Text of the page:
Council on Policing Reforms and Race

The National Policing Institute (NPI) announces the formation of the Council on Policing Reforms and Race (“Council”), a majority African American led nonpartisan initiative that will use research and evidence to consider and offer recommendations to resolve some of the most significant and pressing issues with regard to policing reforms and race. In launching this effort, NPI is acknowledging the role that racism, bias, culture (societal and organizational), and patterns and practices have played and continue to play and will encourage the Council to offer commentary, recommendations, and solutions for addressing these issues, which have substantially led to the deterioration of trust and respect between law enforcement and Black communities. While various national panels and blue-ribbon commissions have been put forth previously to address similar areas of concern, this effort is distinguished by its aims of bringing together a broad cross-section of perspectives, infusing what we know and don’t know from science in relation to these issues, elevating the voices of Black American working inside and outside of the policing profession, and with the support of an organization such as NPI that aims to see these recommendations through to implementation.

The Council will be led and predominantly comprised of African American leaders from community-oriented organizations, research scholars, business leaders, elected officials, policing leaders and others, who will collectively make policy and practice recommendations and further advise on solutions to advance policing and policing outcomes and to address disparate outcomes, particularly in relation to Black communities. Key to these deliberations will be their grounding in data and science as the basis for informed dialogue and conclusions.

The Council is expected to meet virtually six times over the next 12 months.

Council Members

The Council is led by co-chairs The Honorable Val Demings (FL-10), Representative from Florida’s 10th District and serving on the House Judiciary Committee, the Congressional Black Caucus and the Law Enforcement Caucus, and Yale Law School Professor James Forman, Jr., a Pulitzer Prize Winning Author and a prominent national figure in the discourse of justice reform. The current members of the Council include the following persons:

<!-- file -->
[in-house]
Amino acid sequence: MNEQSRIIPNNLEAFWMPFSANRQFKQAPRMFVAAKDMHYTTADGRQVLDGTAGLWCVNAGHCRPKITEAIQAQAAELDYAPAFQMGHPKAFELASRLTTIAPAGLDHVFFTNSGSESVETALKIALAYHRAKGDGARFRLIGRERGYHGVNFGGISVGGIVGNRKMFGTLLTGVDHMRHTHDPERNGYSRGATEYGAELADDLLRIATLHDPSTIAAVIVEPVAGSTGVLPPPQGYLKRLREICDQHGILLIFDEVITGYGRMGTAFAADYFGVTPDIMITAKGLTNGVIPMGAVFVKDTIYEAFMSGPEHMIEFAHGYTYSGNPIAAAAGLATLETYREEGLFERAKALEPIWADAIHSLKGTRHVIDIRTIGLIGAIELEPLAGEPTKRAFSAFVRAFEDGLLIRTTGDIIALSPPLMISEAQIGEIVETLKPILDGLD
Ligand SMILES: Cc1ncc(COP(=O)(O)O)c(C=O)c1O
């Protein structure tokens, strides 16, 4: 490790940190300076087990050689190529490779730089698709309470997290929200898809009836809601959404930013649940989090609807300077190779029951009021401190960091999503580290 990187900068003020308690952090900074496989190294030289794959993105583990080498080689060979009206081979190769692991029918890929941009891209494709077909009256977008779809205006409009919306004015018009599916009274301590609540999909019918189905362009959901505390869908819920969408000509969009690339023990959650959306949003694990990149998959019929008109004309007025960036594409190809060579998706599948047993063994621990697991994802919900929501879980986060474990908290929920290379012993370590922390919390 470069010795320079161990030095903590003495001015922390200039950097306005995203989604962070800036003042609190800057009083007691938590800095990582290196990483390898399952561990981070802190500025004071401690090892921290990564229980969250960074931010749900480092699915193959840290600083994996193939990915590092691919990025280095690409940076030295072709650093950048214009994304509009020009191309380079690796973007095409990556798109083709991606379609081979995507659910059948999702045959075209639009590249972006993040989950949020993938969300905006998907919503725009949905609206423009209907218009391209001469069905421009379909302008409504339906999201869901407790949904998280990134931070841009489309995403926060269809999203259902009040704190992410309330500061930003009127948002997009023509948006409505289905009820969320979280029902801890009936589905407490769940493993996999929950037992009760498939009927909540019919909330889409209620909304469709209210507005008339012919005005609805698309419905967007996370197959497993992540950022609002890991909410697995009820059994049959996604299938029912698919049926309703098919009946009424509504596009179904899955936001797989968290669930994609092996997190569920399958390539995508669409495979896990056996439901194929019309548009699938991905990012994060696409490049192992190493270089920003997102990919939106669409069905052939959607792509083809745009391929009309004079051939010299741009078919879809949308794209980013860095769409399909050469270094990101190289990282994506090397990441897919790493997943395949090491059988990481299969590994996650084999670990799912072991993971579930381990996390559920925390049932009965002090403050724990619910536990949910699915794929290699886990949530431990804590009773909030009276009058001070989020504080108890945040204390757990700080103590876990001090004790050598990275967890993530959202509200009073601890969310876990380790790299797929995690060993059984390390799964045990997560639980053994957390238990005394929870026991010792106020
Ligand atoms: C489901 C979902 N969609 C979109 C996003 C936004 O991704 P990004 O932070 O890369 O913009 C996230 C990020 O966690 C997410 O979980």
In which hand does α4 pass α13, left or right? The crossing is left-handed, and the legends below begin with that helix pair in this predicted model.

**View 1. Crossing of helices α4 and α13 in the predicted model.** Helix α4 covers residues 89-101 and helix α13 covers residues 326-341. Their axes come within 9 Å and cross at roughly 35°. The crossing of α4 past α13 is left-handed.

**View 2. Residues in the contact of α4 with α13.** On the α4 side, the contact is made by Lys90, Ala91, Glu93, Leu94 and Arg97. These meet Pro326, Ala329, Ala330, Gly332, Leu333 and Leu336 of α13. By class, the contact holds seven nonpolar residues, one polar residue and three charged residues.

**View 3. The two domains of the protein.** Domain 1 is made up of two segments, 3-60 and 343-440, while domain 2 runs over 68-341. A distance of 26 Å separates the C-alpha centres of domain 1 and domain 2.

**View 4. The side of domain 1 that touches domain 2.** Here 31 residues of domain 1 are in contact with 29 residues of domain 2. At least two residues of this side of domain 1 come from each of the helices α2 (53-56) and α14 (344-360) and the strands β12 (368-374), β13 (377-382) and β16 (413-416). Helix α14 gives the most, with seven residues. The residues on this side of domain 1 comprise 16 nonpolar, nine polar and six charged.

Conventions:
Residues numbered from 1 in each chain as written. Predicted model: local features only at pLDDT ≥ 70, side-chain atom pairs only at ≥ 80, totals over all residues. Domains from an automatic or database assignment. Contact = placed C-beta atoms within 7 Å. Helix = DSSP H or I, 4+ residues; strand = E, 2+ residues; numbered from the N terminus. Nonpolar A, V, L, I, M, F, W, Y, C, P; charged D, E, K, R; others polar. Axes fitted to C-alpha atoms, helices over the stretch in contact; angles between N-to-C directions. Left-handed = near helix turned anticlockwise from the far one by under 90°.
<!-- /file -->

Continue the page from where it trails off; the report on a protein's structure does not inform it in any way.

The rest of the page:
Deputy Chief (Ret.) Shon F. Barnes

Reverend Jeff Brown

Dr. Rod K. Brunson

Mr. Ralph Clark

Sheriff Jerry Clayton

Mr. Warrick Dunn

Dr. Robin Engel

Ms. Lynda Garcia, Esq.

Commissioner Michael Harrison

Mr. Maurice Antonia Jones, Esq.

Deputy Chief Tarrick McGuire

Ms. Mary Beth O’Connor

Ms. Connie Rice, Esq.

Mr. Bill Taylor

Mayor Michael Tubbs (Stockton, CA)

Dr. Ron Weitzer

Furthermore, the Foundation has appointed Dr. Andrea Headley as the Visiting Scholar on Policing, Race, and Crime, a new position that will consider and address the issues of police reform as it relates to race. Dr. Headley is currently serving as Assistant Professor at the McCourt School of Public Policy at Georgetown University. She is a scholar of public management, criminal justice policy, and racial equity. In her role as NPI’s Visiting Scholar, Dr. Headley will be supporting the Council and providing expertise in conducting policing and crime research and analysis in cases where race is a major factor.

What Are the Key Issues & Questions the Council Might Address?

The Council will leverage the unique viewpoints of its members and experts that may offer testimonial insights about the issues of policing reforms and race. The Council may address the following matters:

The Role of Police in Communities

What should the role of the police look like in the post-Floyd era?

Enhancing Accountability (Organizational & Individual)

What organizational features must be established and implemented to improve organizational level accountability?

Professional Culture

How can culture and accountability in police organizations be improved and made intolerant of abuses, racism, and other inappropriate behaviors?

Recruiting and Training for Change

How can we reform police recruitment, hiring and training practices to transform policing from a vocation to a true profession with professional standards and entitlements?

Police Services (Outcomes and Impacts)

What institutional, organizational and individual metrics, measures or outputs of policing can lead to racial disparities and how should they be changed or eliminated?

Disproportionality in Contact, Response & Victimization